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Bottling first mead

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phil74501

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I have a basic mead that has been sitting for just over a year. The gravity has been holding steady at .993 since last April. It does have a bit of an alcohol burn to it, but a great honey aftertaste. I don't think the burn is going to go away...after aging for a year it's still there. Is there anything I can do to mask the alcohol burn? If not I'm just going to bottle it as is. Do I need to do anything more than sanitize and bottle? I do have some finings I'm going to put in just for the heck of it.
 

FrodeM

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See section 6.3 in this if you want to get an overview of what you can do to balance it: http://www.bjcp.org/mead/Mead_Study.pdf

I'd recomend that you do small experiments with different taste-components and then scale it up to the full size when you have decided what works best.

Sanitize and bottle is the way to go yeah! From what I read, corks are recomended over beer-bottles with caps.
 

CKuhns

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The burn will likely go away given enough time. Rule of thumb to age is as long as 1 month per percent ABV produced. (But could be longer.) You can follow the guide by the BJCP article as Frode suggests. Or you could make it into a Melomel. Fruit in my experience does smooth it out a bit.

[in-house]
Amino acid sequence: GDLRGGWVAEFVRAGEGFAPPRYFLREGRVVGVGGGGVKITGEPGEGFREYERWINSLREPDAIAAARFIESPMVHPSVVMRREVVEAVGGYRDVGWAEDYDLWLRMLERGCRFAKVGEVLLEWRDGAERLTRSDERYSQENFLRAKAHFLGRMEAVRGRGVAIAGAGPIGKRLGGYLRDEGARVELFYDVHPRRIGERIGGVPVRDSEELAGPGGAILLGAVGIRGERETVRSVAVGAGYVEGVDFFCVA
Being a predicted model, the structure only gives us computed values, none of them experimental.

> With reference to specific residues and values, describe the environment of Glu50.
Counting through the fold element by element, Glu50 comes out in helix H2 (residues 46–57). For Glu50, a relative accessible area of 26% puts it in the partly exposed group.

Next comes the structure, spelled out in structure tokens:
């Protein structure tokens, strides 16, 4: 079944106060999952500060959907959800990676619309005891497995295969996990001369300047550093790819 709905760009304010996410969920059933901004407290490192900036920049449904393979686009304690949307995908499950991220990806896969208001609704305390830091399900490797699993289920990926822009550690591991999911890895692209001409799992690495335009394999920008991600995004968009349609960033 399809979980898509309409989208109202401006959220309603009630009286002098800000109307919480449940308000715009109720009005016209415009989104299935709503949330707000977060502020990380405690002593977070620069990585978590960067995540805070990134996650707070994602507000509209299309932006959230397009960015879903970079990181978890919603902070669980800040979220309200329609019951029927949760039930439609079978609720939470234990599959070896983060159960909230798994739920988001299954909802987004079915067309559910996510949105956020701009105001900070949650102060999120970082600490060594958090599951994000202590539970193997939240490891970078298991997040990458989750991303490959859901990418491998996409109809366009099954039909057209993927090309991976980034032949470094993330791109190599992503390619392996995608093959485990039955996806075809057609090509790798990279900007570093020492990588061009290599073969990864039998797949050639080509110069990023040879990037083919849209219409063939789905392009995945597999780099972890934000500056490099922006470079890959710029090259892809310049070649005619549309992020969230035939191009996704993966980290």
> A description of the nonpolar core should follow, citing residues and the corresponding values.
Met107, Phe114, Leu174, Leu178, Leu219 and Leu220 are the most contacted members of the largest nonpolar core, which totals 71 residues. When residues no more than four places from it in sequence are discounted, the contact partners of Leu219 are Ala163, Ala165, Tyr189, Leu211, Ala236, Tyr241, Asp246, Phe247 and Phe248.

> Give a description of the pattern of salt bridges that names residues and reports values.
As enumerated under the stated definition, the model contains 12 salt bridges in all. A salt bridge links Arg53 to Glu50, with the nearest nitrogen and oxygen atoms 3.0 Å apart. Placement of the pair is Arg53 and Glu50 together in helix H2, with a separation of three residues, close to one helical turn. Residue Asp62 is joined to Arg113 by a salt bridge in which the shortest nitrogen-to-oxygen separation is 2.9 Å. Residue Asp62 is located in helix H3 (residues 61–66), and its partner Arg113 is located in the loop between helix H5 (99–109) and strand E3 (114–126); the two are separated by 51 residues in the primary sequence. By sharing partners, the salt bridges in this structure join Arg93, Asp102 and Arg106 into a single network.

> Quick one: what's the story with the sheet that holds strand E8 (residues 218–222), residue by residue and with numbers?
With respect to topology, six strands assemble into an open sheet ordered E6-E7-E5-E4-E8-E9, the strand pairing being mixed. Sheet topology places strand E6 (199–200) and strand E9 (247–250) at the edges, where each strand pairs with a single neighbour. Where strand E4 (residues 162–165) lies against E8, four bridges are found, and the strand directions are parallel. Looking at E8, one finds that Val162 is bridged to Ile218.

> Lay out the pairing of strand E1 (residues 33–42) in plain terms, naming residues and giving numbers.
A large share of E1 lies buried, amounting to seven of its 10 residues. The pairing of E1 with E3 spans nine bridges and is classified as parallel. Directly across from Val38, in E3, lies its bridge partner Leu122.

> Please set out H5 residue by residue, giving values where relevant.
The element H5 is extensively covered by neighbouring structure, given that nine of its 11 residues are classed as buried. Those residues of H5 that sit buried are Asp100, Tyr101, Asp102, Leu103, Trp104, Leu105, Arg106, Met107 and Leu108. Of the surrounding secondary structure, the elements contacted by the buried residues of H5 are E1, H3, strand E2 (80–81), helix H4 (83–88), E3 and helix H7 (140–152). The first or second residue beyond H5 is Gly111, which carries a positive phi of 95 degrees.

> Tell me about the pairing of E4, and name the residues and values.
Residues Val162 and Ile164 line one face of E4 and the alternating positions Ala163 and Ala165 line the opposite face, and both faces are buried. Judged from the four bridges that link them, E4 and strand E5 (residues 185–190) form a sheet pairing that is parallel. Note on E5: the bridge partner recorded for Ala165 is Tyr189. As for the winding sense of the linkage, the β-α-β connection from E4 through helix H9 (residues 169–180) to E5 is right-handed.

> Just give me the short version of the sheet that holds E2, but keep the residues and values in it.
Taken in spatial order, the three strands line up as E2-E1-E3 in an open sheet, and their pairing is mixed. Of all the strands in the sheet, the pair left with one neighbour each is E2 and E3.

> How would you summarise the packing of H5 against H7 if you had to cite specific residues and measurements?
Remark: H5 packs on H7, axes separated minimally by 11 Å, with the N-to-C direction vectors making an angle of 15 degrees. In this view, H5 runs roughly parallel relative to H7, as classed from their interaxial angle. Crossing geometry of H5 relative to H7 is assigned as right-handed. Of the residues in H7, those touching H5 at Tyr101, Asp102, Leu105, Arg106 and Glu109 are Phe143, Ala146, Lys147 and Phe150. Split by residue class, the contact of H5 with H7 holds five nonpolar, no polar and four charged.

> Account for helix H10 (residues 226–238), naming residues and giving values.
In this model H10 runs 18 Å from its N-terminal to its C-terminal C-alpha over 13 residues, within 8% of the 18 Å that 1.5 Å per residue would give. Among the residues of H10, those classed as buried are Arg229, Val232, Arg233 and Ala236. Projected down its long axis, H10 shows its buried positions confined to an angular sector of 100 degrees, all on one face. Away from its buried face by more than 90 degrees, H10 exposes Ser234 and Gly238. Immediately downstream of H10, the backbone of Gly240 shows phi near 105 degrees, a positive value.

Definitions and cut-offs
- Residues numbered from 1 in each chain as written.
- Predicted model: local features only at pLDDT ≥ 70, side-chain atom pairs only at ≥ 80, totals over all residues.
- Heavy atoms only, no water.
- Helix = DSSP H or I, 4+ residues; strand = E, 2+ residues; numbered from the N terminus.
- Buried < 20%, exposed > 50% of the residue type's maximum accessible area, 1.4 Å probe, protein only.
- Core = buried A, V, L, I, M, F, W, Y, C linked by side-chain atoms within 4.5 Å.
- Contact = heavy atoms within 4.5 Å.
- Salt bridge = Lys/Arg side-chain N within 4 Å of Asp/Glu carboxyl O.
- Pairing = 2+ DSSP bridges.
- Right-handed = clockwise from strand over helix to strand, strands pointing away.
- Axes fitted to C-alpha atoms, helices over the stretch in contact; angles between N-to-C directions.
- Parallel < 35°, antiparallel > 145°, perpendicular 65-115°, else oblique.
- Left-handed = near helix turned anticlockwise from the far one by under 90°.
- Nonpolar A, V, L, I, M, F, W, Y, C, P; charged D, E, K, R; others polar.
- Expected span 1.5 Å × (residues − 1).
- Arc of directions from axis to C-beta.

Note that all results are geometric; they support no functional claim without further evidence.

jc5066

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My JAOM took about 2 years before it was really good. At a year is was drinkable but still had that alcohol burn.
 
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phil74501

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ABV is about 9.5% I started it in November of 2014. The last time I tasted it was in April of 2015. It does seem to taste better and have less burn.
 

FrodeM

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Out of curiosity, what yeast did you use and at what temperature did you ferment this at?
 
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phil74501

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Red Star champagne yeast at about 70 to 72 degrees.
 

DungMonster

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Bottle or not bottle is purely up to you and a preference of choice. I bulk age mine until bottling, when my current bottles are empty, and dont concern about age after that. I am an old coot and never really got that burn from whiskey like alot do so even 'hot' mead doesn't have a burn to me. In any instance it is all up to you on when to bottle and like others have said if it burns let it ride. It can age out in bottles also but I personally choose to bulk age as to keep flavors more consistent. Most taste and flavor are again personal preference so again these choices are totally up to you and your taste buds.
 

CKuhns

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Red Star champagne yeast at about 70 to 72 degrees.
Red Star champagne yeast has a pretty high alcohol tolerance 15% or so and a fermentation range of 60 to 80 degrees. Fusels are much less likely with fermentation temps nearer 65 or so and Staggered Nutrient addition. (Still will be produced but less prevalent.)